Friday, January 30, 2015

Boeing to curtail 787 surge line final assembly activities later this fall

According to analysis of final assembly activities for the 787, Boeing is planning to shift final assembly of some 787s currently being built on the surge line (in 40-24) to the main final assembly line in Everett and the North Charleston line.  Currently, Boeing assembling 4 787s/month on the main line in 40-26, 3/month on the surge line in 40-24 and 3/month on the North Charleston line in 88-30.

Around October, Boeing will reduce the number of 787 airplanes assembled on the surge line by 2 aircraft/month and reallocate 1/month each to 40-26 and the North Charleston line.  40-26 will assemble 5/month and North Charleston will assemble 4/month while the surge will still assemble 1/month.  It has been Boeing's plan to use the surge line as a temporary line while they got the North Charleston line up and running and increasing the production rate from 3/month to 10/month.

I believe Boeing has enough confidence in the North Charleston facility to to increase its production rate early.  Boeing is supposed to increase the North Charleston rate to 5/month in 2016 but it appears this may happen sooner than expected.  I do believe that in 2016 Boeing will shut down the 787 surge line reallocate the lone aircraft on that line to 40-26 and then when they ready to up the rate to 12/month, assign 1 each to 40-26 and 88-30.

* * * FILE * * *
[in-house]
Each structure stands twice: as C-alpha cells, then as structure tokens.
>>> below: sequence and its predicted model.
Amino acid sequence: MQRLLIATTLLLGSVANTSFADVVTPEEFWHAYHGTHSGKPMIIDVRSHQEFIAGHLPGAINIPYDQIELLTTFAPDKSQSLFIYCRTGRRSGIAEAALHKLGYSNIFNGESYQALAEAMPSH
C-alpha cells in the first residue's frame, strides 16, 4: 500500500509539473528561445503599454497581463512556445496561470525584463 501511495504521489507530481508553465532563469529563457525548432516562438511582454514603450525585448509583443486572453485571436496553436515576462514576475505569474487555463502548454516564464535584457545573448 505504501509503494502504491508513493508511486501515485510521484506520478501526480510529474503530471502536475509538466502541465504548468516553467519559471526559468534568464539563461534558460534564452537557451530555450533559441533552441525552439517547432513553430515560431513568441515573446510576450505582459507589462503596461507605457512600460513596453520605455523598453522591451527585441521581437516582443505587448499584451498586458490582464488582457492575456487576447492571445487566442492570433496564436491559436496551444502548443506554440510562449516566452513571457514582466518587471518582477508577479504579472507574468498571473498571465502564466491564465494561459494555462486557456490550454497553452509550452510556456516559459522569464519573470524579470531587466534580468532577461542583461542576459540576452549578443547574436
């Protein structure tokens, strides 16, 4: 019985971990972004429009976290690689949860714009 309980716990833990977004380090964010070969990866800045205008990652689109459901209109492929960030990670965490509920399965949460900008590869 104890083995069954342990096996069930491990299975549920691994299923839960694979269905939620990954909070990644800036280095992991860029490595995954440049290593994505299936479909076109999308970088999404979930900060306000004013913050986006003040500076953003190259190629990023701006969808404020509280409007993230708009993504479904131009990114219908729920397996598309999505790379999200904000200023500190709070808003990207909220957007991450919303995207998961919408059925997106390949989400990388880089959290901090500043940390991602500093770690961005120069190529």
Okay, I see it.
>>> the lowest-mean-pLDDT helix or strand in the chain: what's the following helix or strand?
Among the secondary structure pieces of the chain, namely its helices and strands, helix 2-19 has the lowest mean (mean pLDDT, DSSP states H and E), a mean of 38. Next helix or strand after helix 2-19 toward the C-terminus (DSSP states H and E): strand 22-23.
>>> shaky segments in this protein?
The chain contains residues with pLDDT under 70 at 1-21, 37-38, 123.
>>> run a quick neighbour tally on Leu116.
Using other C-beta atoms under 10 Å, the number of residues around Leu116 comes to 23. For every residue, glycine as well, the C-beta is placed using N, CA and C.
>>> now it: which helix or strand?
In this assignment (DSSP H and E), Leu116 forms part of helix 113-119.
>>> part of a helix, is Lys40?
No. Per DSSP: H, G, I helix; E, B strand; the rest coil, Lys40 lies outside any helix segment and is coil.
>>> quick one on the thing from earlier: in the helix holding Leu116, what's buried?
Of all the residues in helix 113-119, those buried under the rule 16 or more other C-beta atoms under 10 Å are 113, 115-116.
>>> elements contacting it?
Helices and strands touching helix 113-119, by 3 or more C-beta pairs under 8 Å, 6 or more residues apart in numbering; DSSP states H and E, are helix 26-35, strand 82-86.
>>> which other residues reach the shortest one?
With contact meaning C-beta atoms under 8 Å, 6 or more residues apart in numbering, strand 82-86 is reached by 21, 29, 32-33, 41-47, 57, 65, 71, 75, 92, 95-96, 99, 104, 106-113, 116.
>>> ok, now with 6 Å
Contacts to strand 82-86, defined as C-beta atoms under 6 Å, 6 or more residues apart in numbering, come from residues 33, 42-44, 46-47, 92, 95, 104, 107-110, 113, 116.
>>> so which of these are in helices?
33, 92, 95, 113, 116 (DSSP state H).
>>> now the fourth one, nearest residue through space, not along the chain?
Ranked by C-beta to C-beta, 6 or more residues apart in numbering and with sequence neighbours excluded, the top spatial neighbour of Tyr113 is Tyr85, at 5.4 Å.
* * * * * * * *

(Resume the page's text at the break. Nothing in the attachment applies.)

The surge line is planned to be used for final assembly of the initial batch of 777X.

6 comments:

ce said...

Boeing getting comfy... Look at the stock price popping yesterday and the day before... had to be institutional buying if you pay attention to the volume.

A significant piece of news today is ANA buying (into) the -10:

http://www.prnewswire.com/news-releases/boeing-announces-anas-commitment-to-become-newest-787-10-customer-300028383.html

Three units. But follow-up orders are most certainly to come in the coming years for the type to be part of their fleet strategy.

larmeyers said...

Uresh, perhaps you or someone knows the answer to this question about the early build airframes. If a new customer desires, can they be switched between GE and RR engines, or do they have to be fitted with the same engine they were built for? thanks in advance...

Uresh said...

As far as I know the 787 was designed with a common engine pylon that would accept both engines. That was the one marketing point that Boeing pushed especially with lessors. As far as I know any 787 should be able to accept either engine.

Mcass777 said...

I know this is a crazy one-off scenario, but if a RR 787 needed an engine in a city where only a GE engine was available could they install it and fly away?

Randy Austin said...

No. Engine intermix manufacturer to manufacturer was not certified to my knowledge.

CharlieFox said...

Wouldn't be possible due to engine indication differences anyhow